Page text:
How nice to hear early spring dimensional, soothing hum of bees , darting from flower to flower in the bright sunshine! Charming little creatures … If they do not bite!
You may be surprised to learn that there are types of honey bees, which are safe in this aspect. This Australian stingless bees, which can be found in many parts of eastern Australia. These insects reach a length of not more than 4 millimeters. They are black with a fluffy white hairs on the head and on the sides. Many have tiny yellow spots on either side of the middle part of the abdomen.Along the coast, from the northern point of Queensland to southern New South Wales, you can find at least ten varieties of stingless bees. Some also live in the north of the tropical parts of the continent.
Imagine how these bees facilitate the work of honey collectors. One beekeeper said: “Working with other species of bees, I usually put on a grid and a hollow-necked sweater, but with these I do not need any protection. Five minutes after I open the hive, the bees still do their job, like I’m not here.” Hives of stingless bees are not like other bees. These hives are often called jacks. Honey and bee pollen stingless bees do not keep in regular hexagonal honeycombs, but their cells are cluster of oval barrels. Once the barrels are filled and hermetically corked, the bees build new ones on them and around them.
In the hive
Let’s take a look inside the hive, which is home for about 15,000 stingless bees. It should, however, be warned: though these insects do not sting, they can pinch you with their mandibles or jaws.
Intense activity can be seen along the corridor inside the hive. Bee family is a real solid team. Everyone knows where and what he needs to do. Here we see a tiny bee, which, as if following some ideal blueprint, molds and polishes a new barrel of honey. Hardly a barrel is filled with honey, four other bees immediately seal it. The huge three-dimensional frame is a frame for barrels. Due to the unique engineering design of such a cell it can hold a large number of honey. Then we get into the next compartment of hive where we see the bee is much larger than all the rest. This is “Her Majesty” Queen! How glorious is her bright robe with black and gold stripes, surrounded by a retinue businesslike bees! Now the queen bee lays eggs in 60 prepared for her cells. Her movements are gentle and careful, like a mother, lying her baby in the crib. Notice how quickly after that worker bees clog cell. In just a few minutes – and it’s done!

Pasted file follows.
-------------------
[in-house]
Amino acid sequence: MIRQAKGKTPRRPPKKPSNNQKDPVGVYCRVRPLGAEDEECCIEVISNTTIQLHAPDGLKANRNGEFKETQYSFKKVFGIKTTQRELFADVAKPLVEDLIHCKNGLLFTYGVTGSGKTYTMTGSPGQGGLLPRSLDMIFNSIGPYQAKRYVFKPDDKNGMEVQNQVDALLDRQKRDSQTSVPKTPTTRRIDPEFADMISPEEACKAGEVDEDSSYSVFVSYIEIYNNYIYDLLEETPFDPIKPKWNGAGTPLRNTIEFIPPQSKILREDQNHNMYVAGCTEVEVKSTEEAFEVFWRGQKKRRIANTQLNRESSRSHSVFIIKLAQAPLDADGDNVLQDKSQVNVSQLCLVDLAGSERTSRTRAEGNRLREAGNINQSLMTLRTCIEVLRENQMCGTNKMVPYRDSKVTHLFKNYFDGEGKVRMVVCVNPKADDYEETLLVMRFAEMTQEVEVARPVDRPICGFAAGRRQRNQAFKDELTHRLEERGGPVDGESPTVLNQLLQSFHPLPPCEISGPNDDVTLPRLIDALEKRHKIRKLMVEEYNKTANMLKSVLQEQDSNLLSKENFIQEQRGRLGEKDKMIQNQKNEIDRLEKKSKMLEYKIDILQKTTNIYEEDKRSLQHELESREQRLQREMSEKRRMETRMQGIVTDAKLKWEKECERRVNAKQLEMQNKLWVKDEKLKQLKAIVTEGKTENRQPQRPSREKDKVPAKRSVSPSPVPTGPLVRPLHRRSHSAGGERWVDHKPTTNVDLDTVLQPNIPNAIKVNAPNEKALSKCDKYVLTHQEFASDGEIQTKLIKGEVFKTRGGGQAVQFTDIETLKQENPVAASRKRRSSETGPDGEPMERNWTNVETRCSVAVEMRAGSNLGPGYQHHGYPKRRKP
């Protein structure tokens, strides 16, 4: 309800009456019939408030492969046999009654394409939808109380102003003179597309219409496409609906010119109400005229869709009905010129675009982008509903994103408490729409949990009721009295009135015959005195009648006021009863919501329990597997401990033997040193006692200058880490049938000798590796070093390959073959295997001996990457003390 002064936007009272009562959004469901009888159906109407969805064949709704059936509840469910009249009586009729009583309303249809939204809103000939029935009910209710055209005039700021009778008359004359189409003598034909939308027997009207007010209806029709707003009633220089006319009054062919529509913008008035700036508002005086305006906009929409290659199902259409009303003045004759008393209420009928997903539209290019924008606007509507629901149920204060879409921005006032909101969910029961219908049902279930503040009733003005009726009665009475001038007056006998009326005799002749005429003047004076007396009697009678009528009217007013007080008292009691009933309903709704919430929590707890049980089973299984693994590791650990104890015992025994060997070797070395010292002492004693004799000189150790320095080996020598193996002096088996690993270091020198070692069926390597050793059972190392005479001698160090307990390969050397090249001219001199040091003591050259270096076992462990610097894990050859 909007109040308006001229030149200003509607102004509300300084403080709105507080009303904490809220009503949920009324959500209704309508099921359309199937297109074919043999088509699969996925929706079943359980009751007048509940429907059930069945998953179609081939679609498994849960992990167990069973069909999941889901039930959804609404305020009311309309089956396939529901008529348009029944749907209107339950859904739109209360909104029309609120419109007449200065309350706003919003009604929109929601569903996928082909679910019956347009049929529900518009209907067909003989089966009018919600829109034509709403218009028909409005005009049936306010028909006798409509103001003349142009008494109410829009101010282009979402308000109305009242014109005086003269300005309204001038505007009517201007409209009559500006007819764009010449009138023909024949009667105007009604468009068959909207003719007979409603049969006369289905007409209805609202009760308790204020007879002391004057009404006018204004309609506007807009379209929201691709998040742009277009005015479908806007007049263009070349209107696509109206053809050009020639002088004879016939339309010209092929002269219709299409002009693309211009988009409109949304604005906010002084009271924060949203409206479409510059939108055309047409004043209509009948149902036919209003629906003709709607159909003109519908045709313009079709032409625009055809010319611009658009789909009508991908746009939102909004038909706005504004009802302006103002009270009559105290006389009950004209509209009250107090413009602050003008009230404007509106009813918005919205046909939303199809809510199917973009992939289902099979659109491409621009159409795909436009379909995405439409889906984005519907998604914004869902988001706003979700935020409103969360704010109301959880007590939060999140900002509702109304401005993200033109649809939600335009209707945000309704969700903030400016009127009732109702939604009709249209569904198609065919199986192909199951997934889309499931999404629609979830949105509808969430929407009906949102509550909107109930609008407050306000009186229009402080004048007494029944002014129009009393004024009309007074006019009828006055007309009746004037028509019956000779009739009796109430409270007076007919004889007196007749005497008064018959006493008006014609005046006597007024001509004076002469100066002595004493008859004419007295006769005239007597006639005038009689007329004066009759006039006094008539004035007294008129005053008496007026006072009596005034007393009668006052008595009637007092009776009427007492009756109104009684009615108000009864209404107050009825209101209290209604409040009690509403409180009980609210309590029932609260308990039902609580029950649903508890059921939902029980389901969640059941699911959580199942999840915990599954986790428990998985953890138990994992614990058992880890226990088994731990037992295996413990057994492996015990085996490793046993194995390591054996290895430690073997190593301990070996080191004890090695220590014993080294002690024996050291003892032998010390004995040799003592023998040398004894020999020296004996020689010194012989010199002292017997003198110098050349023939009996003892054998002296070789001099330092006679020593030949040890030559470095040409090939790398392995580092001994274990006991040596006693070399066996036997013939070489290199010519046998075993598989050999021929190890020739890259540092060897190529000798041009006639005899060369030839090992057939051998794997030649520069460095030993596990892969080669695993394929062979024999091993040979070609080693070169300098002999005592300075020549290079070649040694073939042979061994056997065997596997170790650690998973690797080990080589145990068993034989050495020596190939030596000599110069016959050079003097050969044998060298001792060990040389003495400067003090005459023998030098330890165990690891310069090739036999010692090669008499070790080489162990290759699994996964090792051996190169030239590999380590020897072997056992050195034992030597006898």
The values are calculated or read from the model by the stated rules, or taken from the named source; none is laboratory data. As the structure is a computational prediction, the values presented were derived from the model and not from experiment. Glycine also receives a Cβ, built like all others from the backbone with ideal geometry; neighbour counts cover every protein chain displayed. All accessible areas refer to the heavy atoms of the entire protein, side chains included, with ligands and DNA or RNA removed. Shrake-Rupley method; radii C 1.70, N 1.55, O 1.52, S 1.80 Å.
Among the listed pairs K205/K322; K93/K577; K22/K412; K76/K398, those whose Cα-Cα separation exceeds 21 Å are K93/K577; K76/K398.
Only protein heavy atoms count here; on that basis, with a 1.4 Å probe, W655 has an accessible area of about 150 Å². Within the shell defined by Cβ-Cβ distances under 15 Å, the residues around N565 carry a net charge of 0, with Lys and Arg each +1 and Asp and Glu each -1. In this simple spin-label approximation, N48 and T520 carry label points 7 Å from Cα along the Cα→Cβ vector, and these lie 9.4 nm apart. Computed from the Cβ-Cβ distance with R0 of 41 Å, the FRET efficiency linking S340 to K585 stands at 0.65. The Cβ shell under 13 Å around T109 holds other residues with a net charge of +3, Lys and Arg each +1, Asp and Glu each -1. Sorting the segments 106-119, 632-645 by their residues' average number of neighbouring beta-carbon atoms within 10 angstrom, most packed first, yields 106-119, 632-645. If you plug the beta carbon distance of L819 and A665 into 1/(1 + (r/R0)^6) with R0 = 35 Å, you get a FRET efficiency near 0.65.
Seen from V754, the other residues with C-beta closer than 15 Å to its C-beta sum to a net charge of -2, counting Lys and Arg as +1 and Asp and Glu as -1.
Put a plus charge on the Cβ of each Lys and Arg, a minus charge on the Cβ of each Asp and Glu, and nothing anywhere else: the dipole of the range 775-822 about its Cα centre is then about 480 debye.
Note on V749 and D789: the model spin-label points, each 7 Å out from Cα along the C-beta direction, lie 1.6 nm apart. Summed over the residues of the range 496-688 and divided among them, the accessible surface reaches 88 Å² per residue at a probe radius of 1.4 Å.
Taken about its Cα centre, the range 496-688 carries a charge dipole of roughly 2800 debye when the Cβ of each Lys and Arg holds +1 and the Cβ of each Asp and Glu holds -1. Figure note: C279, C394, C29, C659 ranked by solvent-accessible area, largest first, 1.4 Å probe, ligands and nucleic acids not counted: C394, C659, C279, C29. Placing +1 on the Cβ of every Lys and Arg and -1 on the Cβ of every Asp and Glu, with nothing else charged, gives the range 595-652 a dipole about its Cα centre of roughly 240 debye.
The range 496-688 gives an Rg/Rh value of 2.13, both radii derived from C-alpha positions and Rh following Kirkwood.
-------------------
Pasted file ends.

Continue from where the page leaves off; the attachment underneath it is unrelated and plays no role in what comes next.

When is hatched the offspring
Hatched from an egg, each larva eats the food supply, made for her in the cell. When a cell becomes too closely, the larva weaves a silken cocoon around itself. There she, passing pupal stage, eventually turns into a bee. Then she comes out of the cocoon and – after she somewhat is pampered by bees nanny – ready to work. And what happens to the wax cells? They are immediately collected and processed. Once the larva is born, the cocoon is no longer needed. If you leave the cocoon in the cell, it quickly will spam, so many cleaners of cells emit unnecessary garbage.
Many species of stingless bees produce special construction material containing wax, which they themselves generate, vegetable wax and resin. Bees need this material to create frames, consisting of pillars, beams and shear mounts, where all nodes are particularly strong. Building the barrels of honey and pollen into a framework, bees fly into the barrels and make the desired shape. Then the contents of barrels are filled, hermetically closed and stored. Instinct tells bees, which plants are best to fly to and when, and at what time the weather is dangerous. It seems that they understand that survival is first necessary to stock up on food and save it.
Bees leave the hive to collect building materials, as well as nectar and pollen. In flight the bee is an experienced pilot and navigator. Besides, she knows what to collect and where.
Building a new home
As the bee colony grows, the hive is filled to the limit of the tenants. What do they do then? Bee family is ordered: “You have to build a new house.” Sometimes one “scout” finds any suitable cavity for the new hive. Then “engineers” inspect the place. Typically 30 to 50 of these “experts” in a few hours explore the inner surface of the cavity, as if measuring and marking something with ropes and sticks. Having determined that the foundation for a new home is good for them, they return to the nest, presumably to report the results of observations. Then, within 48 hours “builders” arrive to a new place. The “team” may be more than a thousand, but the queen is not included in it. They quickly set to work, bringing construction materials and food from the main hive. Before queen comes into a new home, bees must build a place for the brood and maintain the desired temperature – about 28 degrees Celsius (82 F). So the worker bees fashion a wall around the nest, as if wrapping its with blanket. It seems that the wise bees know that the eggs need warmth. Approximately after nine days the new queen, born in the old nest, comes into the new house. She immediately lays eggs.
Gradually, these bees that are moved from the old to the new hive, die, and are replaced by younger ones. Over time, these bees also feel the need to build another new hive. This is how amazing the “mechanism” set in motion by our unrivaled Creator!